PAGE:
This production is superior to that of Harnoncourt. The cast is first rate - every member is superb. The small orchestra - simpler than Harnoncourt's - is much more "authentic" (strings, 2 cornetti [beautifully played, BTW!] and basso continuo) and gives the work just enough colour.
I love the dark and moody lighting. The whole production has a very dream-like quality to it, yet the raw emotions of the protagonists are brought out very strongly. Michael Chance, in particular, is very good. I saw him in a production a few years ago and was slightly less than impressed. His voice seems to be getting better as he gets older.
Most of the cast will be familiar to lovers of Baroque music - Dominique Visse, Jean-Paul Fouchécourt, Sandrine Piau, Claron McFadden, Harry van der Kamp are here, and they are the minor characters!
The work has a great sense of pace and the musical interpretations from Christophe Rousset and his band, Les Talens Lyriques, are excellent. In the interview with Harry van der Kamp in the "Extras", he tells us that the instrumentalists do follow the singers - this is particularly true of the continuo group. As I said before, the cornetto playing was a real highlight for me. The two players play very beautifully and stylishly.
There are other DVD recordings of L'incoronazione di Poppea available, but in my opinion, this is the best.
I highly recommend this beautiful, atmospheric, impressive and fantasy-filled production to all music lovers.
Few if any operas have ever combined such sublime music with such a profoundly philosophical libretto. For that reason, few operas cry out so urgently for meaningful staging and effective acting, as well as for superb musical values. This production by Les Talens Lyriques, directed by Christophe Rousset, achieves 100% musically and a quite sufficient 85% dramatically.
Poppea is a study in moral ambiguity, and every character in every scene contributes something to the unsettling of our moral expectations. Nerone is either an effective tyrant or a lewd fool. Ottavia is either a spurned faithful wife or a vengeful fury. Ottone is either a weakling love-sick puppy or a shrewd opportunist. Seneca is either the ideal Renaissance stoic or a fatuous sycophant. And Poppea? As totally she she seems to triumph in her incoronation, the audience of Monteverdi's time would have known their Roman history well enough to realize that in a few short years Nerone would repudiate her and stomp her to death with his lead-soled sandals. They'd also recall that Ottone survived Nerone to become one of the four ephemeral emperors in the Year of Four Emperors; he was no moral paragon, even by Roman standards. Nerone and Poppea are despicable humans for two and a half acts of the opera, and then sing the most sublime, heart-wrenching, convincing love duet in all of music!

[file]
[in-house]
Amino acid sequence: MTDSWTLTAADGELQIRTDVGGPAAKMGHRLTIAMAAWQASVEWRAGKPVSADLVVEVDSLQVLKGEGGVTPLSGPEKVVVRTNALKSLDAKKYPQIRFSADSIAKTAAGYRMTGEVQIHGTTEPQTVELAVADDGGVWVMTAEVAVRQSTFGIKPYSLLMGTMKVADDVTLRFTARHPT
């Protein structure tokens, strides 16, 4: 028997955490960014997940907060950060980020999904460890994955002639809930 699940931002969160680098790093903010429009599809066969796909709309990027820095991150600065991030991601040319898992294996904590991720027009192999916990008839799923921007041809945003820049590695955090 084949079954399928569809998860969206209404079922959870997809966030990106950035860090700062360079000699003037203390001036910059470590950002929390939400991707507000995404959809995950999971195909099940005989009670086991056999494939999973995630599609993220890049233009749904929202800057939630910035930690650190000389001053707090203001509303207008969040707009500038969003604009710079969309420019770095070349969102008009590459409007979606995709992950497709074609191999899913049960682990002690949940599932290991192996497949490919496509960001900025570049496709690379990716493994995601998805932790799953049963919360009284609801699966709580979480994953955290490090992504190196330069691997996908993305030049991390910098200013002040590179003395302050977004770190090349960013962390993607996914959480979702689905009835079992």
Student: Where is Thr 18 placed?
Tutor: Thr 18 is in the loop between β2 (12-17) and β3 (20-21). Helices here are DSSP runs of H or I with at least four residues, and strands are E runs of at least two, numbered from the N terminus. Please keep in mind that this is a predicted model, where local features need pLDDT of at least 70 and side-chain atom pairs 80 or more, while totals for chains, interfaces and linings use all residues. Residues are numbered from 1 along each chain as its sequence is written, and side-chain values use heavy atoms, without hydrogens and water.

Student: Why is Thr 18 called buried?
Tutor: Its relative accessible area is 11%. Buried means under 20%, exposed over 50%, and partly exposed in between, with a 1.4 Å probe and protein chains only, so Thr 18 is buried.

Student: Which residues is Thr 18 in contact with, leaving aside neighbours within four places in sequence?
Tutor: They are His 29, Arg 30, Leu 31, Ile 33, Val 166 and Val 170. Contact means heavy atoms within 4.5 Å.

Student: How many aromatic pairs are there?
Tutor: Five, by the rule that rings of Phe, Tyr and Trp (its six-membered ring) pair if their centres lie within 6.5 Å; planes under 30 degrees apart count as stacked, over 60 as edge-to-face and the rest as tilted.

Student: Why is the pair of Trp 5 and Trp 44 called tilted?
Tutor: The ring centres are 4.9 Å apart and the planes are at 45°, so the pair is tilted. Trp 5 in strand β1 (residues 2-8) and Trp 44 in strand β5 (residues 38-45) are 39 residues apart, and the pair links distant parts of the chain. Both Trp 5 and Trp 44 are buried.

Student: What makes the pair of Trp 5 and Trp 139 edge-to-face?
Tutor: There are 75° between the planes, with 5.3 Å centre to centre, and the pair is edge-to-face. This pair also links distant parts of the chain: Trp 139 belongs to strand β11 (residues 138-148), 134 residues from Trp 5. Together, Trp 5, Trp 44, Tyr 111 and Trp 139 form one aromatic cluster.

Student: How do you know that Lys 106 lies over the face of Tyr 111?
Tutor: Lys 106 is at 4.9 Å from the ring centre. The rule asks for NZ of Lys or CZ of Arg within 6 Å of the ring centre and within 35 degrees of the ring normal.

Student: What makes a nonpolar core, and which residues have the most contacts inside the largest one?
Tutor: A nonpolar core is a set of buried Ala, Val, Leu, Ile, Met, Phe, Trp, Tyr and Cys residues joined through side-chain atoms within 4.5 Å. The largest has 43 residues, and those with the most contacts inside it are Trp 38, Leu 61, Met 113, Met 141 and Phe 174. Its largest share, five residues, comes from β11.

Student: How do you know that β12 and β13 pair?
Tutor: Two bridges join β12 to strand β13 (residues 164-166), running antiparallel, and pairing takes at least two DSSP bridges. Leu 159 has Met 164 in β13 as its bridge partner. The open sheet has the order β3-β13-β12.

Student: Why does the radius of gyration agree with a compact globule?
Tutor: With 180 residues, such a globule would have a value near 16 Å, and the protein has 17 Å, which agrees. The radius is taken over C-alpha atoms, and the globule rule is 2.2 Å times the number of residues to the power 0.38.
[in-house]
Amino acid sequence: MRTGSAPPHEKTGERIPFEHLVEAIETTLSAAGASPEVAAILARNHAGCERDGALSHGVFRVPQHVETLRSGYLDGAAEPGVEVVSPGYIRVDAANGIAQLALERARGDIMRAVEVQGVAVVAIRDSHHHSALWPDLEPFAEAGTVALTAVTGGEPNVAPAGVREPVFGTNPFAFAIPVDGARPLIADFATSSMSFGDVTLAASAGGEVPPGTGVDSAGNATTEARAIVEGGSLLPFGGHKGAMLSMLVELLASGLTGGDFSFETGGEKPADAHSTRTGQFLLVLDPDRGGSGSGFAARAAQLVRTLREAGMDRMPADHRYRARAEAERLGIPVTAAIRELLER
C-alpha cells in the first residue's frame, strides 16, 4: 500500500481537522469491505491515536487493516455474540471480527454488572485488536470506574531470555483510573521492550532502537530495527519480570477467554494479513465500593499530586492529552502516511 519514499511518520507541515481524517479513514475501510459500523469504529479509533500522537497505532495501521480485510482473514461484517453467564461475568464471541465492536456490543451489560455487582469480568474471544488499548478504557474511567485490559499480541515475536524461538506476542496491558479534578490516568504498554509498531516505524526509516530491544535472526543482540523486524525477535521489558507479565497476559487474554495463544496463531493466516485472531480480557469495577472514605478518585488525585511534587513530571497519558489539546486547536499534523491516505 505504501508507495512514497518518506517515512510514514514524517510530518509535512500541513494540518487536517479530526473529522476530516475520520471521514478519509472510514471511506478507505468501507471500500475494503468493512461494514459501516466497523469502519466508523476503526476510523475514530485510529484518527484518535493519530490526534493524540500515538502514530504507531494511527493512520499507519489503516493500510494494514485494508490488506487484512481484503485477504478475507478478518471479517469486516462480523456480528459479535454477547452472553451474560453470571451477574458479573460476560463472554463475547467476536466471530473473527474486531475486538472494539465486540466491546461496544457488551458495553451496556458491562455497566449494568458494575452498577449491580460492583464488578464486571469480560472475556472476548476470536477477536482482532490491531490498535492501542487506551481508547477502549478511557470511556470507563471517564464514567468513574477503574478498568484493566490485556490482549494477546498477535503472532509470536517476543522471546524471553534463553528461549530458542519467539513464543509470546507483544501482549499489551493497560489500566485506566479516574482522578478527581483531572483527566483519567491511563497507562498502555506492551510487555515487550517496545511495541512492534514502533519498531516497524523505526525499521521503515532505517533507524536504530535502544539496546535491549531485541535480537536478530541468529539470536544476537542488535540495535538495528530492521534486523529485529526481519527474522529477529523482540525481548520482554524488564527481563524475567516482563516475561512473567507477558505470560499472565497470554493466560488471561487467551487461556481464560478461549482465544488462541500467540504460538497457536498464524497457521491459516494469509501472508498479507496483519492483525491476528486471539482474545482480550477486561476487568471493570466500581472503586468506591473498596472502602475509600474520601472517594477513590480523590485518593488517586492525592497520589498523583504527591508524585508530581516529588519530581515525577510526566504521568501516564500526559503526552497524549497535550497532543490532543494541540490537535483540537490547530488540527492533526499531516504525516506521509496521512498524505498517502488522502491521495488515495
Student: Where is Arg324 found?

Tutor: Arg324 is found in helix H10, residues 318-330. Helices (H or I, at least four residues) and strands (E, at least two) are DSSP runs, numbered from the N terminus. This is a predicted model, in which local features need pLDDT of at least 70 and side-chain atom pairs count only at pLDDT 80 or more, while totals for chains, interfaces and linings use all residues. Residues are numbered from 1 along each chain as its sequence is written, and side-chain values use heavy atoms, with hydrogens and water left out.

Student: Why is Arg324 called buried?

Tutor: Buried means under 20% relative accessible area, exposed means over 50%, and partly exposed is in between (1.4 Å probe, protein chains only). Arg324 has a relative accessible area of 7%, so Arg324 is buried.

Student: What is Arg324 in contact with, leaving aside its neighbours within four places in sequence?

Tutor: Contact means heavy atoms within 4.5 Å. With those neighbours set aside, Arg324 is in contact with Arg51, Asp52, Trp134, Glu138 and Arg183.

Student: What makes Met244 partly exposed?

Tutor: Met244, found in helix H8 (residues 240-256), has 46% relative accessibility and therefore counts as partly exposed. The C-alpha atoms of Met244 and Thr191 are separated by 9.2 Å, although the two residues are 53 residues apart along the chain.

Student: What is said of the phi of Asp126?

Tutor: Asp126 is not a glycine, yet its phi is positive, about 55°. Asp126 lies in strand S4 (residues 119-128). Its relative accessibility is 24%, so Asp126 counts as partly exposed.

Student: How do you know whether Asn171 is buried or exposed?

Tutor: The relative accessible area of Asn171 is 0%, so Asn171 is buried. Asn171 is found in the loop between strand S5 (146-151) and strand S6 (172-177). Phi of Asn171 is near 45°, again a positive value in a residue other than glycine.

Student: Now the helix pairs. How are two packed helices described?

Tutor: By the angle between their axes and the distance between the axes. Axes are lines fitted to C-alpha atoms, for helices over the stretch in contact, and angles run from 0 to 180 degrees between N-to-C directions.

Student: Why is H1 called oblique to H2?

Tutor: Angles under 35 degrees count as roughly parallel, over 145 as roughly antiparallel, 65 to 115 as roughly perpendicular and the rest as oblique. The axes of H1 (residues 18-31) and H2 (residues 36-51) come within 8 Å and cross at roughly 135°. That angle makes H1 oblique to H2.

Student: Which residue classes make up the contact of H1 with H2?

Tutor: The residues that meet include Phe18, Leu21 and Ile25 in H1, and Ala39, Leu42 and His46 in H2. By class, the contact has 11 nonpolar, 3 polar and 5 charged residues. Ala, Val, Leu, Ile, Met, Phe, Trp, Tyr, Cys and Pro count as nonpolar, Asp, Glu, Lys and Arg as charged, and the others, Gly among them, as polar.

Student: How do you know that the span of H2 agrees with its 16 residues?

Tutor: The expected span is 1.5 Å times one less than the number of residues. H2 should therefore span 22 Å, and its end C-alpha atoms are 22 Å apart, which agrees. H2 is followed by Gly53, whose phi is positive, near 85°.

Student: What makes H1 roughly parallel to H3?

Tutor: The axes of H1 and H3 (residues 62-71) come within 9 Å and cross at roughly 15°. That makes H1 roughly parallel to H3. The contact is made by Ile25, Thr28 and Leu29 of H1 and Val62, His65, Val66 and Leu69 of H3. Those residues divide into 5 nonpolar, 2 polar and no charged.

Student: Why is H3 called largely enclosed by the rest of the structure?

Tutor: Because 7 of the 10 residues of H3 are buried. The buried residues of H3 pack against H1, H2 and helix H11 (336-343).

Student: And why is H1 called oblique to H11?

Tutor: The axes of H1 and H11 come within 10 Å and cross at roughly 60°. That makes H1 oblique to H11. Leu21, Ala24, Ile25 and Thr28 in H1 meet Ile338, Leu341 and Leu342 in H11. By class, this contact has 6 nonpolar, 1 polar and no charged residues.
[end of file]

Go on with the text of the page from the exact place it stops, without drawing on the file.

The cast for this performance includes a fair share of the best baroque singers alive, even in the smaller roles, Sandrine Piau for instance singing Damigella and Dominique Visse the comic-relief role of the Nurse. There are no weak spots in this cast vocally. My only reservation is dramatic; the casting of Brigitte Balleys as Nerone seems to restrict the conviction with which the character can be portrayed.Read more ›
MONTEVERDI AT SEVENTY FOUR YEARS OF AGE BRINGS FORTH AN OPERA FULL OF YOUTH AND VITALITY! Almost four decades before creating his Poppea, Monteverdi wrote in the preface of his fifth book of madrigals:'The modern composer must create his works solely on the basis of truth', a credo to which the music of his final opera is utterly faithful. Poppea is a potent work from opera's first true creator and pioneering genius. Monteverdi's timeless masterpiece, which creates a deep involvment in performers and audiences alike is brilliantly performed by this excellent cast of singers and instrumentalists.
Even after three centuries, the music of Monteverdi glows with the passionate genius of a musical prophet. He was far ahead of his day in his conception of music as a dramatic, expressive art and in the realization of that conception.
He spurned the dry recitatives common to the opera of the day and instead gave the singers lovely melodies to sing. Short song-like passages were also included in the orchestral score. This opera demonstrates well these traits of Monteverdi. EXAMPLE: The enchanting melody that recurs in Drusilla's song that I call her 'happy' tune because she sings it first after Ottone tells her that he desires her instead of Poppea; unfortunately not true, but for the moment she believes him. There are several tuneful melodies that become associated with specific characters throughout the opera.Read more ›
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This item: Monteverdi - L'incoronazione di Poppea / Haymon · Balleys · Liang · Chance · van der Kamp · Grant Murphy · Fouchécourt · Visse · McFadden · Vink · Piau · Berg · Les Talens Lyriques · Rousset · Audi (Amsterdam Opera 1994)